Saturday, April 30, 2011

pretty crumby

sorry for the delay-i tend to do this type of work at night and i ran out of steam last night!  the next step in assembling the cake is the crumb coating-and it is a crumby job...right, i can hear the crickets too...for this job, i pulled out my magic bag of tricks-a big yellow toolbox that has just about everything you can think of in it to construct or destruct a cake (all depends on how you look at it)

the lid has little compartments for all the tips and couplers that i generally need

the big yellow box

 inside, i have everything else that i need

 the oddest thing in there-a level.  i get puzzled looks when somebody finds it in there.   they ask me what i am planning to build-a cake needs a level space or it may fall over!

 the next step is to make the frosting.  in this case, it was classic meringue butterceam flavored with vanilla.  the sugar is cooked to 238 on a candy thermometer (soft ball stage) and then poured into egg whites to make the meringue

one thing to remember, always have everything ready to go.  once the sugar is at temperature, it cannot wait.  have your mixer ready with the egg whites in the bowl.  next thing to remember-pour that sugar very carefully!  pour it in a thin stream at the side of the bowl as the it whips the egg whites.  if you hit the whip with that sugar it will splatter and sugar at 238 can give you a nasty burn!
 the meringue whips up beautifully and it will cool down to slightly warmer than body temperature.  at that point, you can add the butter(which is very soft but not at all melted) in chunks and allow it to mix up.  it will be very light and fluffy.  add your flavor and mix to combine.  now, it is ready to go.

 at this point in the game, your cake layers must be cold.  never try to do this with room temperature cakes-they crumble.  for this reason, i always make my cakes a day ahead and keep them in the fridge.  if they need trimming or if i am cutting custom sizes, i can be sure that i will get sharp edges and still be able to handle the layers without breaking them.  trim the cakes if necessary and begin assembly.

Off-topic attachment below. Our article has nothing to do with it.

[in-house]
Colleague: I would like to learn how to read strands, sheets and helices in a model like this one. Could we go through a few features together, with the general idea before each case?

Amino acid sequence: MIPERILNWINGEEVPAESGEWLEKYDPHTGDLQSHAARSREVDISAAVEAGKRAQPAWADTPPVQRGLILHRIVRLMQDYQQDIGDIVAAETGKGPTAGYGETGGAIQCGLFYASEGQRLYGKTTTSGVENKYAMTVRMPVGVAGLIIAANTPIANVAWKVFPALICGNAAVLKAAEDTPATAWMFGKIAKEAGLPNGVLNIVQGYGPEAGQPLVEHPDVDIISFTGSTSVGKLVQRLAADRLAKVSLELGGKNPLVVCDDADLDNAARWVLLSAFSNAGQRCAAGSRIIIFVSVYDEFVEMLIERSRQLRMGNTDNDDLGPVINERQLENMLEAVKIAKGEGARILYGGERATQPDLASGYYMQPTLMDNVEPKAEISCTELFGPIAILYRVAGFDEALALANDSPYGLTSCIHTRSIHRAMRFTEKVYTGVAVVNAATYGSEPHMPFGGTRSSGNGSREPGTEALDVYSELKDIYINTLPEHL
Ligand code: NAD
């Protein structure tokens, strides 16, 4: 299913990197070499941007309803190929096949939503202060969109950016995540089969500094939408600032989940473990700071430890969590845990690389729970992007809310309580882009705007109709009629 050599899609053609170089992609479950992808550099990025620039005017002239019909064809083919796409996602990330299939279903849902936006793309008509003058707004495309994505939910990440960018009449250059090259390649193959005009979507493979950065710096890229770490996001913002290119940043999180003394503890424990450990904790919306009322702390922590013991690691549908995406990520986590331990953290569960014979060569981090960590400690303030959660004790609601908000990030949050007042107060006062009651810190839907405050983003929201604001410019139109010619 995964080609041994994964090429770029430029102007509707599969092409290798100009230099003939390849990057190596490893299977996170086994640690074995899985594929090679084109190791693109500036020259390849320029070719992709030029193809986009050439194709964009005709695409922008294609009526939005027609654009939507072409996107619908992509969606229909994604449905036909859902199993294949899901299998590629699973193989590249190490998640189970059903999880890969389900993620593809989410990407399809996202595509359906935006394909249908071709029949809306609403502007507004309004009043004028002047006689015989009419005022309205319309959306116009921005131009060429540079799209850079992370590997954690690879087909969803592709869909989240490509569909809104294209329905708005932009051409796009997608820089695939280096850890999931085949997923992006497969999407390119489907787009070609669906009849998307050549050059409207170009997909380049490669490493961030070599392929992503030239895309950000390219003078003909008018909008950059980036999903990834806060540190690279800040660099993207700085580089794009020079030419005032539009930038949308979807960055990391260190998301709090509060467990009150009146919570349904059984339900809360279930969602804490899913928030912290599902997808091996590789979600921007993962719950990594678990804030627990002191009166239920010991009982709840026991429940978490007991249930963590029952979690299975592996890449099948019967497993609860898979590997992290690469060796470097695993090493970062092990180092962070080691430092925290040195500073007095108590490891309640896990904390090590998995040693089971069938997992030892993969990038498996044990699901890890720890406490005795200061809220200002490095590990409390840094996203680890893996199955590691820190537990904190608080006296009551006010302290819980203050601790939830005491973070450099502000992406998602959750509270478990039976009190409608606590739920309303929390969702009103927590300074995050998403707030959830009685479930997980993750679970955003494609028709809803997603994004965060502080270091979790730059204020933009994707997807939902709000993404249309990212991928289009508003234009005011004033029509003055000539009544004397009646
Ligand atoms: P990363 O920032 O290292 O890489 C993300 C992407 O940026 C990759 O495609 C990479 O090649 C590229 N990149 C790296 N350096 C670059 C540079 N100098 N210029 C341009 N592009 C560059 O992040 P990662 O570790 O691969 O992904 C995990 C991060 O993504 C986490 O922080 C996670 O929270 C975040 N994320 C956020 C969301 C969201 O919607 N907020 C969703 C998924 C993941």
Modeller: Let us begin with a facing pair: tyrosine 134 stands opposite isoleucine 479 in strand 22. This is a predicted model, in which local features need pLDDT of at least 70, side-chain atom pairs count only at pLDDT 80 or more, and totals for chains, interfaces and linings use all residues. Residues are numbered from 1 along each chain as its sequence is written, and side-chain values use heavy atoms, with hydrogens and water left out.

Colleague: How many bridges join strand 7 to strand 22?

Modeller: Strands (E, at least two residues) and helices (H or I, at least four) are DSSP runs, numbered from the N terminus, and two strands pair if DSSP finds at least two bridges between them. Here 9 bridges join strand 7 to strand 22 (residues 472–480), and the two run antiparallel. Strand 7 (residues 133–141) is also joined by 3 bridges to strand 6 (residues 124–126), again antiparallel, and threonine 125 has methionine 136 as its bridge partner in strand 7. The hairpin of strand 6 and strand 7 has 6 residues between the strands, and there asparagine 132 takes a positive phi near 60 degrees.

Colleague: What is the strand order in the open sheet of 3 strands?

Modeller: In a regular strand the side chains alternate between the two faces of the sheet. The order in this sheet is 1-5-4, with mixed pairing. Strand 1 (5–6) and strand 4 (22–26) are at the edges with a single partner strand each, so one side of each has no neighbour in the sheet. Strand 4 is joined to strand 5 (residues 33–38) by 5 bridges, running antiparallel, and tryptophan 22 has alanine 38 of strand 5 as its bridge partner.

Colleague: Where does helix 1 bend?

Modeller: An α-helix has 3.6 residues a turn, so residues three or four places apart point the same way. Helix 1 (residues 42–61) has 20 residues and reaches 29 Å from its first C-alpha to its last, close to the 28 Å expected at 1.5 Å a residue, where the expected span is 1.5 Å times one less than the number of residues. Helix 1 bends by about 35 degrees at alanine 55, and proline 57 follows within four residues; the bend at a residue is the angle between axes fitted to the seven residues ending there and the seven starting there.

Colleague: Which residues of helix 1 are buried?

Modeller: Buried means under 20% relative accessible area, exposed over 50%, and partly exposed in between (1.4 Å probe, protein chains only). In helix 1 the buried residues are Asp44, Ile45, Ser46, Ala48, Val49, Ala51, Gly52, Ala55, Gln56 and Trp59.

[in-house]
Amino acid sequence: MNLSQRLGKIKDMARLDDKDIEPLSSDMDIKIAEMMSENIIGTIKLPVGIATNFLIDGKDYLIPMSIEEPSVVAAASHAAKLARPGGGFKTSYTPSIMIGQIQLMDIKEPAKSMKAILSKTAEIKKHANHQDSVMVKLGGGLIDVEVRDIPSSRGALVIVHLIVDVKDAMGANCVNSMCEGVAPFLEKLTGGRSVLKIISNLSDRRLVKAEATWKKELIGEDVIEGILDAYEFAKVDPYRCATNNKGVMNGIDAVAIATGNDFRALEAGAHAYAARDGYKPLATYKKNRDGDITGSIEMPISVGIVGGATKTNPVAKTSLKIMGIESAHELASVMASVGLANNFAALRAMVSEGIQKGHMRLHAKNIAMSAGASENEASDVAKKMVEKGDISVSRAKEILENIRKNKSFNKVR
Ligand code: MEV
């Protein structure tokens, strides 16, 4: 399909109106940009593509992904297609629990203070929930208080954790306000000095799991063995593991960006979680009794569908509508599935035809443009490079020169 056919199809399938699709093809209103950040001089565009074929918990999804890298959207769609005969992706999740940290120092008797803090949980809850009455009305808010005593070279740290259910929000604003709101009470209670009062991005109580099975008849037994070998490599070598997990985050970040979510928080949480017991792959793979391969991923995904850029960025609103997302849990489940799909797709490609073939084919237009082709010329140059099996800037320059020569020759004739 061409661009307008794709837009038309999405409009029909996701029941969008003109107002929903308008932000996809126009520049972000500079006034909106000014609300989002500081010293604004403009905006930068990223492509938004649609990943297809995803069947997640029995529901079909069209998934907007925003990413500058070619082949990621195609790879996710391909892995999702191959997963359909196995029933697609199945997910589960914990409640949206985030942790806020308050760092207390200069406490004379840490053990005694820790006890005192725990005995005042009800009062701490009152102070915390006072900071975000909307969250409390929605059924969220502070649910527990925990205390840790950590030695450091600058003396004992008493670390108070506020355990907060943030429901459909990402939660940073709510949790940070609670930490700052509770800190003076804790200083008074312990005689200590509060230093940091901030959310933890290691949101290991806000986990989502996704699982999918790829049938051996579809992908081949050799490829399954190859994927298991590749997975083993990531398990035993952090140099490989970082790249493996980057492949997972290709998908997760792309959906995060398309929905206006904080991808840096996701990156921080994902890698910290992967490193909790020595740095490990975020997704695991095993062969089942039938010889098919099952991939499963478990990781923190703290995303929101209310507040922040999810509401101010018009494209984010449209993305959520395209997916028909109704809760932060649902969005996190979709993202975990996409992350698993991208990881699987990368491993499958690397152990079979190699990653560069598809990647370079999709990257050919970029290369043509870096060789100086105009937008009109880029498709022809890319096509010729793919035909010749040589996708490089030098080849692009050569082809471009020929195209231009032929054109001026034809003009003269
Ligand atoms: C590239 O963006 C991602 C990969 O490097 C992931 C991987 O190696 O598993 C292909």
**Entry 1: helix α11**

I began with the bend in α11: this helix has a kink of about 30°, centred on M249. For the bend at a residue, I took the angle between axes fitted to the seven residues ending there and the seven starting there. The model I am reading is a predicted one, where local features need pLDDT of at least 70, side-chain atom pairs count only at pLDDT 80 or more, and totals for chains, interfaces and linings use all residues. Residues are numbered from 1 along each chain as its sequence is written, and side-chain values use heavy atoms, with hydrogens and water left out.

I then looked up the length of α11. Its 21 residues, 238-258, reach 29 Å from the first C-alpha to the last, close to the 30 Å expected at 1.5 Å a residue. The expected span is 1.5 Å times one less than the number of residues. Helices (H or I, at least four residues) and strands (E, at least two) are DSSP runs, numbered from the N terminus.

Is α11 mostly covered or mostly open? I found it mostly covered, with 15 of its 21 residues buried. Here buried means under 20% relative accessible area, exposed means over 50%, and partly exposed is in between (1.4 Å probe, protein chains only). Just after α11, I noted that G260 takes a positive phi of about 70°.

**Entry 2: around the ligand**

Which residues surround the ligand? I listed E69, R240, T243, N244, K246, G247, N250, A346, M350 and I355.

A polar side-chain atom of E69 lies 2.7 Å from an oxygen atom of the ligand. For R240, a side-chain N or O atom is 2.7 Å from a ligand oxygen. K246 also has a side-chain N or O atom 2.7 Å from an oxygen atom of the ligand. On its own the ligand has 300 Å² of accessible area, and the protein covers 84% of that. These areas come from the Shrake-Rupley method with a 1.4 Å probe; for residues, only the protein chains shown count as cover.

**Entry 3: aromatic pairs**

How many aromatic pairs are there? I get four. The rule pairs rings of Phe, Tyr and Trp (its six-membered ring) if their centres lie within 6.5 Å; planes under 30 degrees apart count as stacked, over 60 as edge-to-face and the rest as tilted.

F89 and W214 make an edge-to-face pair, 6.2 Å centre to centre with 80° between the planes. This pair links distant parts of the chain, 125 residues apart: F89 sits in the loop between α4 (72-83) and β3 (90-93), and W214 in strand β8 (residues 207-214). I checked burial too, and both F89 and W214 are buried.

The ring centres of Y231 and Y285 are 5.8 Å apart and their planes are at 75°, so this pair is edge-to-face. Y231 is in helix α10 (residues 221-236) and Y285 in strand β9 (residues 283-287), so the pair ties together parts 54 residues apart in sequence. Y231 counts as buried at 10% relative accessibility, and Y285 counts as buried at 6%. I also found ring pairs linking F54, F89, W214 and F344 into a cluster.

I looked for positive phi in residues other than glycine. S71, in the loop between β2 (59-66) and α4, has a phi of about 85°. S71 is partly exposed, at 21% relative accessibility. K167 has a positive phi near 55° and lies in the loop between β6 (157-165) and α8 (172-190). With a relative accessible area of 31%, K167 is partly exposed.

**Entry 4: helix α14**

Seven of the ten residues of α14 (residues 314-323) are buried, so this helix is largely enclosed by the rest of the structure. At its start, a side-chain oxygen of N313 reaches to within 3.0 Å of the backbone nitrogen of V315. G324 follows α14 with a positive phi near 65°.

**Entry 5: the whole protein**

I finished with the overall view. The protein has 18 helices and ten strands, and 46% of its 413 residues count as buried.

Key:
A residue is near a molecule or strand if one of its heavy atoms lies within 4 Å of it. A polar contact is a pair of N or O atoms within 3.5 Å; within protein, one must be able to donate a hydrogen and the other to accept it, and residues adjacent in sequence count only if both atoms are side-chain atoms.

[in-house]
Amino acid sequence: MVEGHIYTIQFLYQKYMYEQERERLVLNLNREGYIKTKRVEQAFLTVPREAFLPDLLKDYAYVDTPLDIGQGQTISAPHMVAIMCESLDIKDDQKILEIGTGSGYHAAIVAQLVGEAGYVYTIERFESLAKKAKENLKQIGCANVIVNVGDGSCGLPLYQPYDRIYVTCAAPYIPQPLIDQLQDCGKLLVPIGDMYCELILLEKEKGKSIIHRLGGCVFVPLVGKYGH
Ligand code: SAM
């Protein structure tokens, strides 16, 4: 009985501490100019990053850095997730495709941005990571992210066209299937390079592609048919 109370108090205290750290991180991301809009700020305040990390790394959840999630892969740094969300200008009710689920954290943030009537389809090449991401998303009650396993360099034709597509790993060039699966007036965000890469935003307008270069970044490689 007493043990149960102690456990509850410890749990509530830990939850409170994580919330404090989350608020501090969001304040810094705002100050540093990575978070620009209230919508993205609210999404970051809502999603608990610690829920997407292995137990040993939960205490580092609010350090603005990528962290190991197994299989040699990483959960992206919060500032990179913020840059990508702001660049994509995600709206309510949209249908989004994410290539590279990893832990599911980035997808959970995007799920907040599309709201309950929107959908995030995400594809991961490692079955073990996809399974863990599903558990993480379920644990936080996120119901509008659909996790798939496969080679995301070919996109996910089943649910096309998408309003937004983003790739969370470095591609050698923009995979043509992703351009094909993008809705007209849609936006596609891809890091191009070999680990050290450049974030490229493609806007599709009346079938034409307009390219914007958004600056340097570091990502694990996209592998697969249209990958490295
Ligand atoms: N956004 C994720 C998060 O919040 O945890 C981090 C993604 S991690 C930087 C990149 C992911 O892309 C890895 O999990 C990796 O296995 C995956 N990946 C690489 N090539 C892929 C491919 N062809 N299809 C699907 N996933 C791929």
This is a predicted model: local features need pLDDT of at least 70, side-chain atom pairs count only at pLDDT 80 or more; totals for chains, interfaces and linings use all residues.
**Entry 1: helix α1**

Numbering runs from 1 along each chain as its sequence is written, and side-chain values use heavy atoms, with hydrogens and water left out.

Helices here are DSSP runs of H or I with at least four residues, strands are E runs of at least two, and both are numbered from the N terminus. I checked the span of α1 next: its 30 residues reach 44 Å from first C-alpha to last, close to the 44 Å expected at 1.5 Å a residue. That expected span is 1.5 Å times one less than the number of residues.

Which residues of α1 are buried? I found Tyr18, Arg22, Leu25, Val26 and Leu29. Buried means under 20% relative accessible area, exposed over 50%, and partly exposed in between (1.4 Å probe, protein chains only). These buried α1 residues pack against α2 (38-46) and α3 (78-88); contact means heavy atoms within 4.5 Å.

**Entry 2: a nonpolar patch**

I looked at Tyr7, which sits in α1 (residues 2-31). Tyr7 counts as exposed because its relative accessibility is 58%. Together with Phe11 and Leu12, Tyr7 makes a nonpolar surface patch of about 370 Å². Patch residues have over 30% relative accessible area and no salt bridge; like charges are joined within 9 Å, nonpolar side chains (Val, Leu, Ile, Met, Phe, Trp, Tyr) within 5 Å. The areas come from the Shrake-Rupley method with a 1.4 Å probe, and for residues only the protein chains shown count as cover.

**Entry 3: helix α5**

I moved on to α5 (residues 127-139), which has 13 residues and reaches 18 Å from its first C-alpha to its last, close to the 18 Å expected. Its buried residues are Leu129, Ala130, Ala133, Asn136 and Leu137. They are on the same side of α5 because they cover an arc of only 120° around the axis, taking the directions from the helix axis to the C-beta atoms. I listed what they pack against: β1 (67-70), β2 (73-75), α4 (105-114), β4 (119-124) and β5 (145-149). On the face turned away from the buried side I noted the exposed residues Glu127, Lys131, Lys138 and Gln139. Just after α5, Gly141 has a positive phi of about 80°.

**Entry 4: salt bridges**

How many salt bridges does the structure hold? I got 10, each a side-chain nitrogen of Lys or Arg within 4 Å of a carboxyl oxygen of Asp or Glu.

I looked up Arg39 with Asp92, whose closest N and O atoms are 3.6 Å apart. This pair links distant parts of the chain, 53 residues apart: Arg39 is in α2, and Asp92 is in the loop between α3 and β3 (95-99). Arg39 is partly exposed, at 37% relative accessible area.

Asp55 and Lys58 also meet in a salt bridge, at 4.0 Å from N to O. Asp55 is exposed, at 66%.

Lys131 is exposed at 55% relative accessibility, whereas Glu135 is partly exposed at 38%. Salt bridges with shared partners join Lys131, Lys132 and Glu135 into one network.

it's called a crumb coat for a reason, it is a sloppy finish meant to seal in the crumbs and establish the shape of the cake.  it is not supposed to look good at this point.  and don't try to go cheap and only frost it once unless you are coating it with fondant.  take the time to chill the cake with the crumb coating for several hours and then do your finishing layer.  you will have nice sharp lines and a smooth coat to work with in the end.  better yet-no crumbs peaking out at you.

so, since today is the big day, i have a cake to deliver!!! tune in tomorrow for the final coat and the addition of the fresh flowers.

Thursday, April 28, 2011

have your cake and ...

i frequently talk of how time has flown and i am not ready to grow older.  it is also hard to believe how much time has passed-it has been nearly 7 years since we closed our bakery and moved on to other employment.

when we had our bakery, we had several teenagers who worked for us as they went through high school and college.  in the last 7 years, they have all graduated from college and are hard at work on their chosen careers.  but way back when, as they watched me make wedding cakes, i heard them mention how i would be the only one who they would ask to make their wedding cake.  as a mom, i have learned not to listen to idle chatter of teenage girls-you simply cannot keep up with the conversation as it morphs along.

one of the girls came to us as a prep/sandwich cook and moved on to be a baker.  after we closed the shop, she moved on to las vegas and attended culinary school and is now working hard on building a career as a pastry chef.  she also kept her promise-she asked me to make her wedding cake.  it is an honor to be asked-i mean, if it were me, i'd want somebody who can actually bake something tasty to make the cake...just kidding!  it will be plenty tasty.  for this task, i pulled out my binder of recipes from when i wrote my first book, sky high.  in that book is a chapter which includes wedding cakes and i chose the lavender rose cake for this occasion.  there will be a few minor changes-it will not be filled with the jam and the layers are square rather than round.
organized chaos on the counter.  my work space is limited and it is one of the reasons that i do not sell wedding cakes from the house.  there is also the herd to contend with-if there isn't the risk of cat hair in the vicinity of the cake, then i am trying to keep the buggers from eating the cake-yes cats like cake too.

 i did not have all of the pans needed so i decided to use sheet cake pans and cut the layers to size.  since this is a recipe from sky high, that means triple layer cakes and three of each size cake were needed.
 my kitchen aid mixer; it's a trooper and i have had it for more than 20 years.  okay, so first gear is gone but it still gets the job done.  and like any other baker, it can be a little messy.  i wrap it in plastic so the flour doesn't fly too far.